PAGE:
Environment and Resource Management
Billions of dollars worth of structures are literally eaten away by corrosion. To fight this destruction, a NASA Space Act agreement merged Kennedy Space Center (KSC) research, tied to electrical treatments of structural corrosion, with chemical processes developed by Surtreat Southeast, Inc., of Cape Canaveral, Florida.
KSC materials scientists became experts regarding an electrical treatment known as electromigration. This procedure sends corrosion-inhibiting ions to the rebar, or steel bars within a concrete slab, to prevent it from rusting, corroding and separating from the concrete.
The issue was coming up with a viable treatment that can be repeatedly applied to counter the Florida clime-- a mix of salt, moisture, and baking sun. While that trio adds up to an ideal situation for tourists, it's a triple-header threat to launch pads, as well as miles of beachfront condos and other buildings.
Indeed, the aging oceanfront condominium market, as well as seaside commercial buildings, are in constant need of upkeep and restoration. The steel reinforcement bars--called rebars--that are embedded in concrete patio floors of beachside condo units have been particularly hard hit. Cracks and splitting of the concrete are major headaches. Cracks allow more water, more salt, and more acid to enter. Penetration accelerates, causing larger cracks and spalling. This troublesome material malady hits many concrete structures with decks that face the beach. Balconies in Florida have been deteriorating at a rapid pace.
With the help of Florida's Technology Research and Development Authority, an independent state agency that partners with KSC in technology transfer initiatives, Surtreat Southeast approached KSC with a chemical option to fight structural corrosion. Surtreat's GPHP product is applied to the surface of a corroding concrete slab and then seeps through to the rebar, coating it and preventing further corrosion.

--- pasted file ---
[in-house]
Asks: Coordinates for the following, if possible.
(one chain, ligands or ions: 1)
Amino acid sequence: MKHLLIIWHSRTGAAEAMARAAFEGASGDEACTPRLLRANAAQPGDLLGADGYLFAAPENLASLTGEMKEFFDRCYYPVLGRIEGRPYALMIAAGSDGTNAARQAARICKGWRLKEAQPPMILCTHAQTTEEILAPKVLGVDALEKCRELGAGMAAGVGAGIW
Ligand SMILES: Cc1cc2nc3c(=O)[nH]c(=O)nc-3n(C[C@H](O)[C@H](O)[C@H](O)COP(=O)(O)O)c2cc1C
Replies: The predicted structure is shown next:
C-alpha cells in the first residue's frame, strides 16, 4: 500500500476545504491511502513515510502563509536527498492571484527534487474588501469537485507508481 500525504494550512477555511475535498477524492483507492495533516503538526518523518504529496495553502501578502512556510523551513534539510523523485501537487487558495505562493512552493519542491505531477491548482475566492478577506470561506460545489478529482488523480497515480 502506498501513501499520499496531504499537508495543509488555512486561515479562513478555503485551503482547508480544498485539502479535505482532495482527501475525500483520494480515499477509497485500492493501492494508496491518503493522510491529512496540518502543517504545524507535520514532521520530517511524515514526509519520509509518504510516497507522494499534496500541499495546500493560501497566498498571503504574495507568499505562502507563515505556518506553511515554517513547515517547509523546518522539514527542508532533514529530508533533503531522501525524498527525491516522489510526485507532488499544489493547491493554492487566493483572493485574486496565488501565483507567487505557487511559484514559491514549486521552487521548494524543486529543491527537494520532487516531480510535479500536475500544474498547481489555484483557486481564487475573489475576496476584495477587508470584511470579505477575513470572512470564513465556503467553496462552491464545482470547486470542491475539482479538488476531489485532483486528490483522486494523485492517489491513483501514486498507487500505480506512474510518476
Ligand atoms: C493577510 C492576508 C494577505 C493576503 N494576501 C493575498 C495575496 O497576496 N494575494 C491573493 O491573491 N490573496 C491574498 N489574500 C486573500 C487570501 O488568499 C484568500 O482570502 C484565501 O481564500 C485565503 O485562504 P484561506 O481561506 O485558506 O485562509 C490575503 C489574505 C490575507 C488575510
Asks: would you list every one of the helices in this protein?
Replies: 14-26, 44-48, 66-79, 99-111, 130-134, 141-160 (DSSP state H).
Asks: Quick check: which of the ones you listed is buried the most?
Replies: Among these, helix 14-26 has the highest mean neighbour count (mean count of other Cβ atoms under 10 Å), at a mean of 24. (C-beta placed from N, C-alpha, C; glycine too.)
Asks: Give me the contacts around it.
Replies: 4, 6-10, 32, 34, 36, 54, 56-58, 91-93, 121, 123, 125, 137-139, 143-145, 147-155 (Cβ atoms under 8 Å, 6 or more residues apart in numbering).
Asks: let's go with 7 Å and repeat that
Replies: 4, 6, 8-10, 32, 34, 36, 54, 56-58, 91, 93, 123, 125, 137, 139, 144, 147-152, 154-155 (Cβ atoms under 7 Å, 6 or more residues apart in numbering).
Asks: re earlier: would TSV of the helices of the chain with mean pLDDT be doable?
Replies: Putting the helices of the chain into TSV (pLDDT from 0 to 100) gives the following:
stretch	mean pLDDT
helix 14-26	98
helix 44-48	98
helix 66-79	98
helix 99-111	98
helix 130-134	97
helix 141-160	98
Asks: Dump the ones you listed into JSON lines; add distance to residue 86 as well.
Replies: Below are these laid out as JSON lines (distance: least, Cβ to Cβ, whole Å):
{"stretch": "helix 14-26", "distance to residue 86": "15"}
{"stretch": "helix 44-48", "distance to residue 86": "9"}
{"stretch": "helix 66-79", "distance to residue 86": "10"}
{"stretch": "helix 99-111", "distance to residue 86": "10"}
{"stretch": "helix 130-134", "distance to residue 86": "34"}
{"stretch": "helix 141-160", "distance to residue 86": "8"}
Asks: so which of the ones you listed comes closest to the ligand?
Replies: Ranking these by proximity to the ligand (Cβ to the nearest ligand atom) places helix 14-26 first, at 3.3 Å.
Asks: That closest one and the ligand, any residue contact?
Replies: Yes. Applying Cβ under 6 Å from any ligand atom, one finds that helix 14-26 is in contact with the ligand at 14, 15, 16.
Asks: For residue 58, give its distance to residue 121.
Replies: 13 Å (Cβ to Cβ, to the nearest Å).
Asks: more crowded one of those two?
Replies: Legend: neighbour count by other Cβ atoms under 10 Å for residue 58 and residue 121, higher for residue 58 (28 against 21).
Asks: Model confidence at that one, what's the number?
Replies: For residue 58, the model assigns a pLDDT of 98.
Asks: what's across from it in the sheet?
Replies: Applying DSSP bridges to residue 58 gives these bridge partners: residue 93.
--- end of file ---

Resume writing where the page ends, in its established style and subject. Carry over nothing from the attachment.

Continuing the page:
"It corrects the chemical imbalance that causes the rebar to corrode. Traditional structural repair methods only last a couple of years," explains Jim Emory, president of Surtreat Southeast.
Emory explains that concrete, due to aging and other factors, loses its pH, or acidity value. Poured concrete has a high pH value of 11, 12, or 13. That high value can inhibit corrosion. The aging of the concrete is a natural process in which the pH starts to drop. When the pH value dips into the 8 to 9 range, there is potential for corrosion of the reinforcing bars, he points out.
Combining Surtreat's GPHP with electromigration fit well in the KSC dual use program, part of NASA's technology transfer and commercialization effort. That combination is expected to result in a unique process with broad corrosion control applications. Saving money
by NASA and others is anticipated by creating a structural repair method that lasts longer than just a couple of years.
The cooperative effort involved Surtreat providing to NASA the corrosion-inhibiting chemical and concrete test slabs, along with technical and staff support as needed. From KSC, testing specifications and procedures were provided. The NASA center also prepared the test slabs with the Surtreat chemical and carried out an environmental evaluation of the treatment. KSC materials scientists reviewed the applicability of the chemical treatment to the electromigration process and is preparing a report on its effectiveness following a 12-month test program.
The results could have national importance, says Rupert Lee, the NASA project engineer leading the joint effort. "Any breakthrough in corrosion mitigation technology will have a significant impact on the integrity of this nation's infrastructure," he explains.